Signal Hill has long been a communications point on the Southern California landscape. In an earlier era, Native Americans signaled their brethren with fire and smoke, from Santa Catalina Island to the foothills of the Coastal Range bordering what is now L.A.

Today the signals are electronic, connecting us--at the click of a mouse--to vast, new worldwide networks.

Wednesday, December 1, 2010

Spain: Being a Tourist is Tough Work

We arrived in Barcelona a day earlier than Larry and Maggie.  Hoping for a comfortable bed, we ended up seeing the early action of morning delivery trucks on the night-lively Placa Reial, just off La Rambla, Barcelona's famous promenade.

The flight had been a long one, crowded and noisy, with mediocre food and cramped seating; your typical Atlantic air crossing.  But we held hope of some rest in a comfortable bed in our comfortable apartment, right off the Rambla.  But it didn't work out as planned.

We had arrived early at the nearly-abandonded Barcelona Airport, greeted by sleepy Spanish customs officials who dutifully stamped our passports.  We exchanged some dollars for Euros and hopped on the A-1 bus to downtown, and arrived at our apartment about 8:30 a.m., before its reception staff.  After an hour wait, we got the word: We could not move in until 3:00 p.m.  What do you do for six hours, dragging around luggage and in dire need of sleep and a shower?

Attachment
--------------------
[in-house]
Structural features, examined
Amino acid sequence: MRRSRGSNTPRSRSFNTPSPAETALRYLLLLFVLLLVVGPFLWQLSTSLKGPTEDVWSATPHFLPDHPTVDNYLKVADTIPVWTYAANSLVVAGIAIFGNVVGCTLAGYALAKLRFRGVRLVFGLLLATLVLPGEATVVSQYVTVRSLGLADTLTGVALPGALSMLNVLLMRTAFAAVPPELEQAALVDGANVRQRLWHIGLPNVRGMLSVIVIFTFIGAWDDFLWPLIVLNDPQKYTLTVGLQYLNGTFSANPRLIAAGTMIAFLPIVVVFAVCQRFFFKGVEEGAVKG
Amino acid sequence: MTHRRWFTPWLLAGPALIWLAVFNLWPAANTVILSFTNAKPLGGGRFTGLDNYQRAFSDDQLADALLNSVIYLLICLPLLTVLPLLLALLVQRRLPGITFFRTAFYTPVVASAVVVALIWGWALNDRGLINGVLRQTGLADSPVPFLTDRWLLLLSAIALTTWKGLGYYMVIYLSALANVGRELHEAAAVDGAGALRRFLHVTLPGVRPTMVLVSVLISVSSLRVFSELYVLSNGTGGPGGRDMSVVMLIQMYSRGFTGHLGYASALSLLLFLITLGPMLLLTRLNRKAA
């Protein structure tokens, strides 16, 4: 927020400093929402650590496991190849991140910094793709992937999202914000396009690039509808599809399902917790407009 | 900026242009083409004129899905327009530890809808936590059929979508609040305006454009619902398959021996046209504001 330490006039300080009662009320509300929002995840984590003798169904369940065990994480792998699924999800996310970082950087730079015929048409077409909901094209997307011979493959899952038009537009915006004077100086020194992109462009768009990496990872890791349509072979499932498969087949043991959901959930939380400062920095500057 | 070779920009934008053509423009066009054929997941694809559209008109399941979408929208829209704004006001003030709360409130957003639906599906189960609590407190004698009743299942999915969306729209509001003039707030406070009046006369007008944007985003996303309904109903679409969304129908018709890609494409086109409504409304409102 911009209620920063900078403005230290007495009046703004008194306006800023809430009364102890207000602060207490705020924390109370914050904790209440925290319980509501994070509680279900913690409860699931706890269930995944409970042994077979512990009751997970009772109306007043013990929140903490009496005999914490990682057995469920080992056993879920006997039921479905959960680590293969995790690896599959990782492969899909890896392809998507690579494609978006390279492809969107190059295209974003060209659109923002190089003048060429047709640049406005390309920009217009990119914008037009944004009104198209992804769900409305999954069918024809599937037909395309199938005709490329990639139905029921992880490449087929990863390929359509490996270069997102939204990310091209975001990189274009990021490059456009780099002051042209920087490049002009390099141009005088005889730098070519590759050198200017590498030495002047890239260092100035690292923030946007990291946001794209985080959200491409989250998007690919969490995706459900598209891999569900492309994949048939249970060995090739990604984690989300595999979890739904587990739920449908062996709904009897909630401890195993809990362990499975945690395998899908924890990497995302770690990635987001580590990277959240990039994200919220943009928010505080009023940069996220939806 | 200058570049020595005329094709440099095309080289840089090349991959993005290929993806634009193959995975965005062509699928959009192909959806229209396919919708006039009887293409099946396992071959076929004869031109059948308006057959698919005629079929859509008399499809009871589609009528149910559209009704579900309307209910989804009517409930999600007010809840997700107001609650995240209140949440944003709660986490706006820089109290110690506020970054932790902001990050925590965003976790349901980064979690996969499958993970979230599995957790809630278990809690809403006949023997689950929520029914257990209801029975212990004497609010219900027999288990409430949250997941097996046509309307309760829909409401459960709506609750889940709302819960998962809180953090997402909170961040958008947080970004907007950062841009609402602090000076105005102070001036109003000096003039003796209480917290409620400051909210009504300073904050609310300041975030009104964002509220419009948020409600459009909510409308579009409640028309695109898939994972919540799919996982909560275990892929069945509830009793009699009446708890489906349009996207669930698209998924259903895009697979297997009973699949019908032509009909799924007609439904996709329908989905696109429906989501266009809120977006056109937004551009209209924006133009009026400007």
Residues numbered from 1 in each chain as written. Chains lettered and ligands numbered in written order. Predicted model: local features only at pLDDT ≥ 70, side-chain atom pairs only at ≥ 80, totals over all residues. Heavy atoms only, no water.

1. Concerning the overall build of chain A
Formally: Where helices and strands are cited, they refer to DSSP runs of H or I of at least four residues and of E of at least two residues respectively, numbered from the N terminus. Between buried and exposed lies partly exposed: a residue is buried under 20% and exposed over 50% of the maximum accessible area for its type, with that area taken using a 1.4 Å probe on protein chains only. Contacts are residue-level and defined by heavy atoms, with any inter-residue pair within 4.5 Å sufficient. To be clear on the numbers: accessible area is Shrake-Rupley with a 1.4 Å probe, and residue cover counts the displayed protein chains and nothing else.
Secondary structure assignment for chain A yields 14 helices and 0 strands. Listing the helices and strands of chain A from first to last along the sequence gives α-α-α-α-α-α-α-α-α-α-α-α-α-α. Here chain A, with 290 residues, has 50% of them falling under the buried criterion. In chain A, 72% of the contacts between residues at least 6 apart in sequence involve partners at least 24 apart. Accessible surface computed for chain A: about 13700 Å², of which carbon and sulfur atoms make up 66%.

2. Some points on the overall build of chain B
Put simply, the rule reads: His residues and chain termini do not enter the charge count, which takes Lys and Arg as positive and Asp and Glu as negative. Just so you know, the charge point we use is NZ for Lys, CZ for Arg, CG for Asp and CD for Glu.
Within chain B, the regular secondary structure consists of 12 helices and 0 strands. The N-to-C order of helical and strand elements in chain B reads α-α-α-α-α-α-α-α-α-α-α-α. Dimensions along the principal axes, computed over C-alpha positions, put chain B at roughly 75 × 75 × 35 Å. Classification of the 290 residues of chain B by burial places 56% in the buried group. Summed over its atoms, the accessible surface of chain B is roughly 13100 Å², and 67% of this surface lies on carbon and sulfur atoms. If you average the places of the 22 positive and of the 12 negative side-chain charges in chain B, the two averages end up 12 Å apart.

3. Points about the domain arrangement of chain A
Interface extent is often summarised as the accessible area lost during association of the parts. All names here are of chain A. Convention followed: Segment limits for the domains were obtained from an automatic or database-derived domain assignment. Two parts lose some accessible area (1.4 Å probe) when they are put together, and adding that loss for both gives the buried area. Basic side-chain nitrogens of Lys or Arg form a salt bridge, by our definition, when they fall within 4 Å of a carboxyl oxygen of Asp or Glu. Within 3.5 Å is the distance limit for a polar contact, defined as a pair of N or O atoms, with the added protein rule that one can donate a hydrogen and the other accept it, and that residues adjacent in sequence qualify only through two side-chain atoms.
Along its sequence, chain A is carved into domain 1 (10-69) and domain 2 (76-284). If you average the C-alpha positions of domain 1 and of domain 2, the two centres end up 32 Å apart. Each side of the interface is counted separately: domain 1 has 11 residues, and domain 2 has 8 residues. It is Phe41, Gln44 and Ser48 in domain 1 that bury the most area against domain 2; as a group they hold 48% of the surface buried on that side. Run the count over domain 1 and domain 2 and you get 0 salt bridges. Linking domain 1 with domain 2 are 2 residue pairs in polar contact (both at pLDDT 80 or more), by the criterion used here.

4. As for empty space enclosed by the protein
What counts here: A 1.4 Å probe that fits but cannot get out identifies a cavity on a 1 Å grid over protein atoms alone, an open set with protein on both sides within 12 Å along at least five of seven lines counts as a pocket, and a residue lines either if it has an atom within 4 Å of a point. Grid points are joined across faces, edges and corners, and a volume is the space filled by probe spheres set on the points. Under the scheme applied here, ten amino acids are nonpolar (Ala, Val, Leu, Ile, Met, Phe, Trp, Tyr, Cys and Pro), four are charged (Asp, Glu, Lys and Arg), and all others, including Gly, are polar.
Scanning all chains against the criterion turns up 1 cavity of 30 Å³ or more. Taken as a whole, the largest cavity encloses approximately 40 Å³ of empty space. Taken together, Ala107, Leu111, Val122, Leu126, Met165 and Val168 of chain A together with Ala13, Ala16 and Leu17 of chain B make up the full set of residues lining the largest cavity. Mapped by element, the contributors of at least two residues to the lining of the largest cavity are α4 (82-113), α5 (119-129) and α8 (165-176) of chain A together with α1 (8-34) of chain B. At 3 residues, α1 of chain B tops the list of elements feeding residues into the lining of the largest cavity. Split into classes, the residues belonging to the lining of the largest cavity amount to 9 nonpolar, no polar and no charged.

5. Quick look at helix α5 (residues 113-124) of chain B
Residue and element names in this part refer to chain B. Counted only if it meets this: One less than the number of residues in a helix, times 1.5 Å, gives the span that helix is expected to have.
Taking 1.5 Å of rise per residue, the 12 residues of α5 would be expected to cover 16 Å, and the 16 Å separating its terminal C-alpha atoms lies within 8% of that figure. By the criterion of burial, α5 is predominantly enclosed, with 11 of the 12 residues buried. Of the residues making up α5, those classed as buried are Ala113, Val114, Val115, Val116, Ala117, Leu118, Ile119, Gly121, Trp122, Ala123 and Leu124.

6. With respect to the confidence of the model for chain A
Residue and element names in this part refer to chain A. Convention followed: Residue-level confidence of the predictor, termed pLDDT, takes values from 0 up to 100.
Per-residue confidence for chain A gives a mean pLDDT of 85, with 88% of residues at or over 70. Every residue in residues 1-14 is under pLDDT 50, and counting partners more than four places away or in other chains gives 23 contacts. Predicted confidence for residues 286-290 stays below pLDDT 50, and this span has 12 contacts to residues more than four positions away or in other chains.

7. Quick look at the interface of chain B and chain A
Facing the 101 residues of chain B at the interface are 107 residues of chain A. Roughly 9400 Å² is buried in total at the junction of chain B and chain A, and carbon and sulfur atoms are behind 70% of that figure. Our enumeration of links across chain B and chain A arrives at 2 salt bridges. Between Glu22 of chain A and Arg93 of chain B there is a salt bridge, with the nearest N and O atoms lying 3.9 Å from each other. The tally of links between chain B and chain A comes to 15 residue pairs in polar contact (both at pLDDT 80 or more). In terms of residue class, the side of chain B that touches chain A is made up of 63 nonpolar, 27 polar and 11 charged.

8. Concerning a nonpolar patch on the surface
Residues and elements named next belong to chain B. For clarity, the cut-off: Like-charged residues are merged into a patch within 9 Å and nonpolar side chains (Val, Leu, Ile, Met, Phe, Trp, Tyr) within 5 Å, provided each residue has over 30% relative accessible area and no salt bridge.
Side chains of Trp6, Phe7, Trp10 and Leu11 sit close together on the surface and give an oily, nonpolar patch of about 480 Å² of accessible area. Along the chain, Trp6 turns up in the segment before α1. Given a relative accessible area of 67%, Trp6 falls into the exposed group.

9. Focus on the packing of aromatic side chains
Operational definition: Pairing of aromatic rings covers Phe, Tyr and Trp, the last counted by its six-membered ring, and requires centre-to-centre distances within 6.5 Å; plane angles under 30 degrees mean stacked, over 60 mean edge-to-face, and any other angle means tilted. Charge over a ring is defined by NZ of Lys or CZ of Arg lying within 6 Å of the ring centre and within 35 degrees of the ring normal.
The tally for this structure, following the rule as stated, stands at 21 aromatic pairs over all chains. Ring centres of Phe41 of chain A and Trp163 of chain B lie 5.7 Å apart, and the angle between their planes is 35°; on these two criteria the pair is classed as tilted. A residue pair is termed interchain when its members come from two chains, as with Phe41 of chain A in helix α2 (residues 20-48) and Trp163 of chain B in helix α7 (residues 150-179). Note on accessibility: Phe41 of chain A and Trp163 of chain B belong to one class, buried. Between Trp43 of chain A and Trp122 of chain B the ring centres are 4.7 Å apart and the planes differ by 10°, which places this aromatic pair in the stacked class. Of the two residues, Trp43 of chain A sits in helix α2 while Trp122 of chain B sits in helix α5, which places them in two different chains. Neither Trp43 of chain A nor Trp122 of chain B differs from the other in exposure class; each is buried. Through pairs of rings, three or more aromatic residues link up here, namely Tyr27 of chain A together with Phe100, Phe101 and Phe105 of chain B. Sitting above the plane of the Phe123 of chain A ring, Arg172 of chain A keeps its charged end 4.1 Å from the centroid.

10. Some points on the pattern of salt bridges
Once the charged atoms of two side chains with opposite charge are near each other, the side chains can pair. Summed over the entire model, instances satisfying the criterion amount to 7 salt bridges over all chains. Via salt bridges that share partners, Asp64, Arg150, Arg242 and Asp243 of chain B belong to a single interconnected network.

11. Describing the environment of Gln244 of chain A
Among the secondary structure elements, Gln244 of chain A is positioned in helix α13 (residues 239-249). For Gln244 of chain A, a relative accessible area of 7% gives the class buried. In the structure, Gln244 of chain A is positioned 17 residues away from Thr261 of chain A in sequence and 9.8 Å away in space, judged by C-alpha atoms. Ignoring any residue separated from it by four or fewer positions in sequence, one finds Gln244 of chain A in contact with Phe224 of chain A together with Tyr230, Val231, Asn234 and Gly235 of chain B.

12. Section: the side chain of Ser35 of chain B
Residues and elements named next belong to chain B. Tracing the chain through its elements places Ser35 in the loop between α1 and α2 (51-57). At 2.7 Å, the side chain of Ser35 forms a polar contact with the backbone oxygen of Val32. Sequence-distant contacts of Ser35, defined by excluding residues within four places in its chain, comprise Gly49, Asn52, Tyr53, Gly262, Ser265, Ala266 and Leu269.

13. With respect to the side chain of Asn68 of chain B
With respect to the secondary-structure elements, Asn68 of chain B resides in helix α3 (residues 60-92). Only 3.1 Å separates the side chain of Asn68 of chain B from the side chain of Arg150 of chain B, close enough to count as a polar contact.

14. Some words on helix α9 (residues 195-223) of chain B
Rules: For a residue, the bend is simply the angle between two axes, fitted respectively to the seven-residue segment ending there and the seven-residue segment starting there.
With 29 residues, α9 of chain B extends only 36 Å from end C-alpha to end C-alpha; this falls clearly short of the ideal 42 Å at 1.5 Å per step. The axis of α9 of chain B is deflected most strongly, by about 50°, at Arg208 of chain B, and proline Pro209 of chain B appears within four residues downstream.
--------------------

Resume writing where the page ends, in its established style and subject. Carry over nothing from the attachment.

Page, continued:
What to do?  We staggered over to a nearby plaza.  It turned out to be Barcelona's most lively square, and one of our favorite sites of the city.

We had stumbled upon the Placa Reial.  Built in the 1850s, it is adorned with palms and carriage
lanterns designed by Gaudí.

"Placa" is Catalan for Plaza, and the "C" should have a little serif at the bottom to be accurate.  We were confused at first by the reference to Placa Garibaldi, the famous Mexico City gathering space, but figured some enterprising city planner arranged for some sister city exchange with the "Ciutat de Mexic," catalan for Mexico's capital.

There is something magical in these old 19th century plazas.  You feel it as you dine in the chilly night air, yet warmed by the musical sounds of buskers playing everything from gypsy violins and accordions to familiar American Rock tunes on acoustic guitars.

One evening the rain made everything glisten.

Click here for more photos of the Placa Reial.

We made it through that first day in Barcelona.  After convincing apartment staff to keep watch over our luggage.  We kept awake by walking the streets of old Barcelona--the Barri Gotíc, tasting tapas along the way, falling asleep while sitting up, and at one point, I even stumbled to my knees.

As we said many times during the tour, "Being a tourist is tough work."

Barcelona is a visual feast.  Click here to see some photos of Gaudí's work and other photos from Barcelona.

       --- RCH


  1. these pictures are beautiful!! I didn't know you were staying in an apartment. that's so cool.


  2. Wow, RIchard! What fabulous photos and descriptions... I want to go to Barcelona immediately. A wonderful travelogue and keep them coming! I've always wanted to see Gaudi buildings in person and your photos make me feel like I almost am. Thanks.

  3. Now it's settled the first place I'll visit in Europe will be Spain. Next spring break Lollie and I are going to see Trista and Adam but next we're across the big pond.

  4. I wondered why Trist didn't go out there to Signal Hill during her visit at Thanksgiving. It's just like you two to go out exploring while waiting for your room.